expressions then replace the variables with their associated values. In a similar vein, you can both evaluate content and use object references within these expressions: Example code - 1

Template Functions

At this stage, template literals are beginning to look interesting. You can create a complex template literal that can reduce the amount of time embedded such content into a string. However, template literals begin to come into their own when combined with functions which produce the same output. Example code - 2 Note that this can also be simplified somewhat by using ES6 arrow notation:

var pounds = (amount) => (
	amount.toLocaleString("en-UK", {

varpronounUCase = (gender) => (gender == 'female') ? 'She' : 'He';

var describe = (obj) => (
	`${} is a ${obj.vocation}.\
	${pronounUCase(obj.gender)} has ${pounds(obj.wealth)} \ in the bank.`

var person = {
	name: "Ada",
	vocation: "steampunk programmer",
	gender: "female",
	wealth: 24025


// "Ada is a steampunk programmer. She has £24,025.00  in the bank."
If the goal was to make a method on person, you’d be better off going with the more traditional functional notation, as the this keyword is not defined within an arrow function:

var person = {
	name: "Ada",
	vocation: "steampunk programmer",
	gender: "female",
	wealth: 24025,
	pounds: (amount) => (amount.toLocaleString("en-UK", {
		style: 'currency',
	pronoun: (gender) => (gender === "female") ? "She" : "He",
	toString: function(){
		varself = this;
		return (`${} is a ${self.vocation}.\
			${self.pronoun(self.gender)} has ${self.pounds(self.wealth)} \
			in the bank.`

console.log(""+ person)

// "Ada is a steampunk programmer.She has £24,025.00 in the bank."

Creating a toString() Method with a Template

The use of the toString() method should be noted, as toString() is automatically called whenever an object is converted into a string without having to be explicitly invoked. This means that while person itself will always give the object, "" + person will return the templated string as output, making toString() useful for defining on classes and prototyped objects.

Building HTML and XML Templates

Such template functions have obvious implications for building HTML and XML structures. For instance, you can construct a list of links in HTML by passing an array into a template function to generate an HTML string, then inserting this into another element:
var li = (obj) => `<li><a href="${obj.url}" target="_new">${obj.label}</a></li>`;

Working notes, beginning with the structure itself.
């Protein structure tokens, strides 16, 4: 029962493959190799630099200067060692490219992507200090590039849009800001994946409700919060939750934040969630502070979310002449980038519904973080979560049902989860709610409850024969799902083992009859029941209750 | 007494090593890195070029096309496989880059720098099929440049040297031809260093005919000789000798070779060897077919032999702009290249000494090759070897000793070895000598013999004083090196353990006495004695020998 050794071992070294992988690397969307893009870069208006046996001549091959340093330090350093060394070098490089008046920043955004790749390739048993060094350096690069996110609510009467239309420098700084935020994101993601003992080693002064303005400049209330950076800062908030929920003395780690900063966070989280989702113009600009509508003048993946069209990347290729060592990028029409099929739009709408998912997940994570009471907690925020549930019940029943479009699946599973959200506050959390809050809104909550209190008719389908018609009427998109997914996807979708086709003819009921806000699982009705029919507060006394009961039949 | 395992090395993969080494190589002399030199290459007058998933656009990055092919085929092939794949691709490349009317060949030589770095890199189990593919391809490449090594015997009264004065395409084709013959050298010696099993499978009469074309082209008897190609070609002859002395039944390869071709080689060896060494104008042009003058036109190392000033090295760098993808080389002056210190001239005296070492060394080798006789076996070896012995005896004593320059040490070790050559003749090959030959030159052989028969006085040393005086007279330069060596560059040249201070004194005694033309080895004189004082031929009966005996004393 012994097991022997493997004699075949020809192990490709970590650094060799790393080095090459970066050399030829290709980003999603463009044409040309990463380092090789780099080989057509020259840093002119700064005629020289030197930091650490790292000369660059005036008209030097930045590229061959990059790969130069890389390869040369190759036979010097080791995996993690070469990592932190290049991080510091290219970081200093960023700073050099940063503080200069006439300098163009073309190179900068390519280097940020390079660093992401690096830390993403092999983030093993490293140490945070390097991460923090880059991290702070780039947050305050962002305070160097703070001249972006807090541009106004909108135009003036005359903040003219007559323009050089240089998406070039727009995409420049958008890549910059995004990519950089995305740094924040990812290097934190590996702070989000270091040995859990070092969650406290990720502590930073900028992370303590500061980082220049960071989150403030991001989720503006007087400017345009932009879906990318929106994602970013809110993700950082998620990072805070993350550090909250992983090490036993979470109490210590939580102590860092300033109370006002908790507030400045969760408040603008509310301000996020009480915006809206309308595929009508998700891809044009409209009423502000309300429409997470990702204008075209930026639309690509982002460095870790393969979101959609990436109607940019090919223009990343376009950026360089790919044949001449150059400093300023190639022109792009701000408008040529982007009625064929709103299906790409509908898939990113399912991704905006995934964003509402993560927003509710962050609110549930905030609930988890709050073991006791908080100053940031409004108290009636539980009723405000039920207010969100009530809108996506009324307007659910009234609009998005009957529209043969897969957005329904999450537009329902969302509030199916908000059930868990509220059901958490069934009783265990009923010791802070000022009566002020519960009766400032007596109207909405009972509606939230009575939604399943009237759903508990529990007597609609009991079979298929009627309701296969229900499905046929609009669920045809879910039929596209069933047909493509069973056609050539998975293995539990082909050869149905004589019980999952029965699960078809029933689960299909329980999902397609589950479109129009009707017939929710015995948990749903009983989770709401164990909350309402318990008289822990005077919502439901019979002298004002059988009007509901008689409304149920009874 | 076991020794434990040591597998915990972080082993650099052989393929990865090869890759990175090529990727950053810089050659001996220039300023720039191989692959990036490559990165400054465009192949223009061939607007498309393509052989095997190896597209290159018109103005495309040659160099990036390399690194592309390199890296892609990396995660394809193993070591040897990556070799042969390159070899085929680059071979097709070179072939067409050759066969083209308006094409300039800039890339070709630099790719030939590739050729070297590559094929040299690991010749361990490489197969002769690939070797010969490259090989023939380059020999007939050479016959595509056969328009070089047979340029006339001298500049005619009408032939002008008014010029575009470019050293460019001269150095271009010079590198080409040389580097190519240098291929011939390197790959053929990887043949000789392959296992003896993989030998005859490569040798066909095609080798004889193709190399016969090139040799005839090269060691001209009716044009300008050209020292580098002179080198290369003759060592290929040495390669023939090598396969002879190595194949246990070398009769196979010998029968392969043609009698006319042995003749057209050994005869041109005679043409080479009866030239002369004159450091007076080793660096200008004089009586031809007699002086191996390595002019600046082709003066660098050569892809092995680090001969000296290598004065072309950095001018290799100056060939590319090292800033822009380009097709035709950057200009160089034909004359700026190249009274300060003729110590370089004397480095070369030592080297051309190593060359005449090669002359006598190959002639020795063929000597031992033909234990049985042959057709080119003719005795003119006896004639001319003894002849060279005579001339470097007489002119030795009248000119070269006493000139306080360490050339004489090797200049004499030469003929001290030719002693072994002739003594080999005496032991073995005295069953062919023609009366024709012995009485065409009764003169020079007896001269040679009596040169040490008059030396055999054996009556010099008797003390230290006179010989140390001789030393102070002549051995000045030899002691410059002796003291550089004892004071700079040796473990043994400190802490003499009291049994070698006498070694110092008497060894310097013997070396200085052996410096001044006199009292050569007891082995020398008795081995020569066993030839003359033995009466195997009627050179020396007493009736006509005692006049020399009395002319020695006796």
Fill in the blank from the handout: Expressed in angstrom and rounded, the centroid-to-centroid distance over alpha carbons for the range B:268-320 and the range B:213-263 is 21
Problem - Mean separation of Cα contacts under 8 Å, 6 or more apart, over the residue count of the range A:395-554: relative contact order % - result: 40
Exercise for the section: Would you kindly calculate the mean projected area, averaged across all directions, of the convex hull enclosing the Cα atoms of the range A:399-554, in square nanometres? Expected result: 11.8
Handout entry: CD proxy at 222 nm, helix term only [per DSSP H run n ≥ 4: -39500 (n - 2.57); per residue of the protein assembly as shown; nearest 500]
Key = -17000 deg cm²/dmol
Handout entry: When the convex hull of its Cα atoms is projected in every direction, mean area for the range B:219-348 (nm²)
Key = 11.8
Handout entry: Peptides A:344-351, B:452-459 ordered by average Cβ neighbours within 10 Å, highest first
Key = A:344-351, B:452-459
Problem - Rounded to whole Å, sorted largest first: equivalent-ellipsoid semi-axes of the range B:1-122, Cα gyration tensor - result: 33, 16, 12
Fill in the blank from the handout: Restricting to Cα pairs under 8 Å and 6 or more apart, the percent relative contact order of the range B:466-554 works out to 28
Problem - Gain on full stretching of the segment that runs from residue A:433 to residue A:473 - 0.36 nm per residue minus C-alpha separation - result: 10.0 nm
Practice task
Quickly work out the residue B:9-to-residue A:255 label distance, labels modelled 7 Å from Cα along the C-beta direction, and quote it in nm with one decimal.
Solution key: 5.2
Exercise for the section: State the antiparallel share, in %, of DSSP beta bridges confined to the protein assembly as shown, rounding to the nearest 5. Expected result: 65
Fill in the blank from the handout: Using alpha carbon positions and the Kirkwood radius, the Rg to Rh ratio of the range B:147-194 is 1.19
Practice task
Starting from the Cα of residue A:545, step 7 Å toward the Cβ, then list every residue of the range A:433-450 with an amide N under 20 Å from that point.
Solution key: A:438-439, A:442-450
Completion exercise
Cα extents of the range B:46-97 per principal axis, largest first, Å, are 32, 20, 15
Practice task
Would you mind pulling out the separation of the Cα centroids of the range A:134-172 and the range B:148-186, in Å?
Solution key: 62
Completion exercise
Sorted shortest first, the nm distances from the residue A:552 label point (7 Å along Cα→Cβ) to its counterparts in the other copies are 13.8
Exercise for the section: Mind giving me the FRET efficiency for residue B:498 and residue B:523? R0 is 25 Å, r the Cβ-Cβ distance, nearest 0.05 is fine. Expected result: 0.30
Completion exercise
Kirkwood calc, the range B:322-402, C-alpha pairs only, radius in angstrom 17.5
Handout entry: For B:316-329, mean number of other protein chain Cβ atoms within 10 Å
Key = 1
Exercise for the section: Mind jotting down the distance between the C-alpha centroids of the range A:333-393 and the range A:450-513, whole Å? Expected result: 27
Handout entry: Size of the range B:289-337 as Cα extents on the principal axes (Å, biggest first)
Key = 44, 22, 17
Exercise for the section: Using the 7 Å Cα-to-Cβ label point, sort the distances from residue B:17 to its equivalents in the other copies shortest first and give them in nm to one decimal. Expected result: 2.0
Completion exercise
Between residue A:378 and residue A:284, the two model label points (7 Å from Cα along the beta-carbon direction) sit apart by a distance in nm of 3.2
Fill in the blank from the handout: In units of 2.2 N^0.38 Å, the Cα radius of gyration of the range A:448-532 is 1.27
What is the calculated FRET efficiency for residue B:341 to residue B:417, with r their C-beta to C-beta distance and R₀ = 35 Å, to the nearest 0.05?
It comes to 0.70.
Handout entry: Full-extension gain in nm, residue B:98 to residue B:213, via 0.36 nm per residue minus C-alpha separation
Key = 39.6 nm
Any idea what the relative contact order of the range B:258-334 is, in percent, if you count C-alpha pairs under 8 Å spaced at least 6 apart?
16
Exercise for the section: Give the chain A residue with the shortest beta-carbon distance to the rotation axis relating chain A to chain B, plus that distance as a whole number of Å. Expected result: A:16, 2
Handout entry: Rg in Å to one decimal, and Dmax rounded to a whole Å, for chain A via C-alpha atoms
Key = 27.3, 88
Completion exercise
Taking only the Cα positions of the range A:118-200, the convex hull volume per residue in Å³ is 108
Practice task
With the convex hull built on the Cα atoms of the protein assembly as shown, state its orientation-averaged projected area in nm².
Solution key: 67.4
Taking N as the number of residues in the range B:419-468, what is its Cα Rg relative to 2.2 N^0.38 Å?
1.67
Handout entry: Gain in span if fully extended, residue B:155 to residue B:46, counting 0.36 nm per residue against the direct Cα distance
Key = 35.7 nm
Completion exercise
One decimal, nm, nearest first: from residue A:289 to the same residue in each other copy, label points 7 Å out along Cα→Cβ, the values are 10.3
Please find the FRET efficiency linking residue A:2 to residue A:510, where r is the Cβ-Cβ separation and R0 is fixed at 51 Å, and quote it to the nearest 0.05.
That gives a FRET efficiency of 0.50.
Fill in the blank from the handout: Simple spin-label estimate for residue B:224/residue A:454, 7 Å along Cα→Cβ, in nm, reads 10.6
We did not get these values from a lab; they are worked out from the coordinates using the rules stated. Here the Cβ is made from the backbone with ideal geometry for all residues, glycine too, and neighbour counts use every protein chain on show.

var ul = (arr) => `<ul>${ => li(obj)).join('\n')}</ul>`;
var arr = [
  {url: "", label: "Twitter"},
  {url: "", label: "Linked In"}, 
  {url: "", label: "Facebook"} 

document.getElementById('displayList').innerHTML = ul(arr);

Creating lists of links using templates.

This will generate the following output:
<li><a href="" target="_new">Twitter</a></li>
<li><a href="" target="_new">LinkedLinked Linked In</a></li>
<li><a href="" target="_new">Facebook</a></li>
which will then be rendered as an unordered list of links. List of links Tables can be constructed in a similar fashion: Example code - 3 This will generate a table like this:
Aircraft Name Aircraft Type Aircraft Count
F–35 Attack Bomber 125
F–18 Attack Fighter 42
F–15 Fighter 432
More complex structures are possible, of course, but the idea to be illustrated here is that template literals can go a long way towards building complex (not to mention potentially dynamic) scripts and components. Template literals are a powerful addition to the JavaScript toolset, and indeed, bring to the language a capability that is perhaps closest to XSLT in the XML world – a means to build sets of templates that can, in concert, build all kinds of rich output structures via transformation. This article is part of the web development series from Microsoft tech evangelists and DevelopIntelligence on practical JavaScript learning, open source projects, and interoperability best practices including Microsoft Edge browser and the new EdgeHTML rendering engine. DevelopIntelligence offers JavaScript Training and React Training Courses through appendTo, their front-end focused blog and course site. We encourage you to test across browsers and devices including Microsoft Edge – the default browser for Windows 10 – with free tools on, including the EdgeHTML issue tracker, where you can report or search EdgeHTML issues, such as problems with site rendering or standards compliance.Also, visit the Edge blog to stay updated and informed from Microsoft developers and experts.